Yone Noguchi: The Stream of Fate is the first full-length biography of the pioneering international Japanese poet Yone Noguchi (Noguchi Yonejiro, 1875-1947).
A translation from Italian of the memoirs of Giuseppe Salvago Raggi, minister of Italy in Beijing from 1898 until 1902. In 1900, Raggi, his wife and child, lived through the 55 days of the Siege of the Legations. This book contains the section of memoirs related to his service in China, just before and after the famous Siege.
Xiang Kairan, who wrote under the pen name “the Unworthy Scholar from Pingjiang,” is remembered as the father of modern Chinese martial arts fiction, one of the most distinctive forms of twentieth-century Chinese culture and the inspiration for China’s globally popular martial arts cinema. In this book, John Christopher Hamm shows how Xiang Kairan’s work and career offer a new lens on the transformations of fiction and popular culture in early-twentieth-century China.
Amid early twentieth-century China’s epochal shifts, a vital and prolific commercial publishing industry emerged. Recruiting late Qing literati, foreign-trained academics, and recent graduates of the modernized school system to work as authors and editors, publishers produced textbooks, reference books, book series, and reprints of classical texts in large quantities at a significant profit. Work for major publishers provided a living to many Chinese intellectuals and offered them a platform to transform Chinese cultural life.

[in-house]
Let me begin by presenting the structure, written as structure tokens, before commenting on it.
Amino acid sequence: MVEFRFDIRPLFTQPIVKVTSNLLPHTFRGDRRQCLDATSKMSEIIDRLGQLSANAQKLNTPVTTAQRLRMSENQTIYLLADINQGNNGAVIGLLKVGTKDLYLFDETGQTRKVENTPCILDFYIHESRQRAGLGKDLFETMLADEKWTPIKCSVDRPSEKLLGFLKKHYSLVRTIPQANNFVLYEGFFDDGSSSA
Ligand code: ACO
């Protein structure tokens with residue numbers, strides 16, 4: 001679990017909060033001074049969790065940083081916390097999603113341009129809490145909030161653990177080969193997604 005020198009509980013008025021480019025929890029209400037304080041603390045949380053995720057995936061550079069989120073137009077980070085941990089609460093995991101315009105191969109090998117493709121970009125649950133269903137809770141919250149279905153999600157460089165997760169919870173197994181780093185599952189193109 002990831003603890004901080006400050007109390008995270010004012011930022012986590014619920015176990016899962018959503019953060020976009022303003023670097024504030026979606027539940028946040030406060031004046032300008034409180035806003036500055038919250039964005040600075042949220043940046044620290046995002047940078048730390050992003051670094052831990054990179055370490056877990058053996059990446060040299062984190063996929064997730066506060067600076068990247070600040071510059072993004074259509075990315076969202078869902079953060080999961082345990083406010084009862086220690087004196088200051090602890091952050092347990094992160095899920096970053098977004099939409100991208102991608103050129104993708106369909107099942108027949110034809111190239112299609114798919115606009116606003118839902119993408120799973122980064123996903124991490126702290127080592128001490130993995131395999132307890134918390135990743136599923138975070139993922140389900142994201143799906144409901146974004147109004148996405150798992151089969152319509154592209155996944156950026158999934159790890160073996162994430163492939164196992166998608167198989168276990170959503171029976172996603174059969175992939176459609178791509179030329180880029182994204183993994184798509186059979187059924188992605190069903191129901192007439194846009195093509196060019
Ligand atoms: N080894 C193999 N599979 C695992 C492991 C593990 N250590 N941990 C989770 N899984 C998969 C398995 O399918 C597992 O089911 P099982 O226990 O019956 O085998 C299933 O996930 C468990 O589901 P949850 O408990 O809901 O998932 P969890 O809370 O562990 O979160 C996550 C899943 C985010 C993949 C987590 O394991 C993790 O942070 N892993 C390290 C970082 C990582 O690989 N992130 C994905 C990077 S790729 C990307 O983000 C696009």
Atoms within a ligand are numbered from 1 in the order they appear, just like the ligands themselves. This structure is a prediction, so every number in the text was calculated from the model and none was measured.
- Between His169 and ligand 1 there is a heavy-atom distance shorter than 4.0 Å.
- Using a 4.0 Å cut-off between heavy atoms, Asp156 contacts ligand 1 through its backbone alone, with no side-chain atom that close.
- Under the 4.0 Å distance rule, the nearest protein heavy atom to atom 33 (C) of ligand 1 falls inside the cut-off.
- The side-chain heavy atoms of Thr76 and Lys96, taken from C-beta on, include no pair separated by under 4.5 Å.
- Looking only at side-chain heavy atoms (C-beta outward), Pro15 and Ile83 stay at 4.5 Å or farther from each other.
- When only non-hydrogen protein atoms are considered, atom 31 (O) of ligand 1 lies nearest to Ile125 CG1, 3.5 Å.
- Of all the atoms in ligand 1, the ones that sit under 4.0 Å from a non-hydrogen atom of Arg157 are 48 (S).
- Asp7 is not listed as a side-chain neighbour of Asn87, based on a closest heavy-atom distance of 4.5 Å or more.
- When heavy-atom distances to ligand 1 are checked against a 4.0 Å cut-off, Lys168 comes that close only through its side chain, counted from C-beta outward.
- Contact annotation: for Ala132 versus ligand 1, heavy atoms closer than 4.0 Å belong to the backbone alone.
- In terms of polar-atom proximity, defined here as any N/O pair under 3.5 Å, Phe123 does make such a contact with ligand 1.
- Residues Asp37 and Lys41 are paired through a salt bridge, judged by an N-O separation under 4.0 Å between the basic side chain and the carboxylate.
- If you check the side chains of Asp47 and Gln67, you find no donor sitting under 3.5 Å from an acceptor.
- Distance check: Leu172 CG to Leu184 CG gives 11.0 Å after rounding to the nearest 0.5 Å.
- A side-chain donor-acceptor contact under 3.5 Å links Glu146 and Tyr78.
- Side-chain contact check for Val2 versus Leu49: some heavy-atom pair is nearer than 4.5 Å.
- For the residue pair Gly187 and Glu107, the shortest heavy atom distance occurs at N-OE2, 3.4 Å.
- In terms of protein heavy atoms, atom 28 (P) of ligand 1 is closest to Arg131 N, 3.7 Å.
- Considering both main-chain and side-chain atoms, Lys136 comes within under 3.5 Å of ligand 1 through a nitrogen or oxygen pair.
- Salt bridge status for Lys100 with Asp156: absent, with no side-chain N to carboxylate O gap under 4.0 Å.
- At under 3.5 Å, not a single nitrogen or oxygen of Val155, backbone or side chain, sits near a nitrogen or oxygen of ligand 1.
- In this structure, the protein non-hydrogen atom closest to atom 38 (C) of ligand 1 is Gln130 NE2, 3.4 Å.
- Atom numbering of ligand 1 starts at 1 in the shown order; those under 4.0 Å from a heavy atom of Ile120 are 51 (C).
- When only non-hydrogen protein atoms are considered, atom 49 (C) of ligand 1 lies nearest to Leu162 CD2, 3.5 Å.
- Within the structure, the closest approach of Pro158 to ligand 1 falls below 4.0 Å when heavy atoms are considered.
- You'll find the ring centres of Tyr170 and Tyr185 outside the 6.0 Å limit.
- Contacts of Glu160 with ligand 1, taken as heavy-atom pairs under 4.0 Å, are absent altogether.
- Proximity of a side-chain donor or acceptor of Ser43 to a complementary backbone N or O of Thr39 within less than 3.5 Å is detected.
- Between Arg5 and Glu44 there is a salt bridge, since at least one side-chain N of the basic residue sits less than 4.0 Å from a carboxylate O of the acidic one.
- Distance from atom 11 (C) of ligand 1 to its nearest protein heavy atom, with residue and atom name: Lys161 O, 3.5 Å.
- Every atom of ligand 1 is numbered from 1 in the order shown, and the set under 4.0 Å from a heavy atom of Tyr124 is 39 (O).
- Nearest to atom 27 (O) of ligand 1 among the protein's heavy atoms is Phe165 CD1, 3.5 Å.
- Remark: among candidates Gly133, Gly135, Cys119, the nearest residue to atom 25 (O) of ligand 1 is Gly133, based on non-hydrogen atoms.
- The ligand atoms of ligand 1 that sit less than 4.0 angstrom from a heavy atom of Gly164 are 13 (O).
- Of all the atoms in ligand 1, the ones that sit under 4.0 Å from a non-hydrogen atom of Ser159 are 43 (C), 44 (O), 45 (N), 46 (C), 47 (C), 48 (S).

Collecting objects gives enormous pleasure to approximately one third of the population, providing such benefits as intellectual stimulation, the thrill of the chase, and leaving a legacy. On the other hand, the same pursuit can engender pain; for example, paying too much for an object, unknowingly buying a fake, or dealing with the frustrations of collection dispersal.
This is the story of the Reeves Collection of botanical paintings, the result of one man’s single-minded dedication to commissioning pictures and gathering plants for the Horticultural Society of London.
Drawing on examples from Myanmar, Thailand, Malaysia, Indonesia and the Philippines, the authors discuss some aspects of sound in relation to their ethnographic context.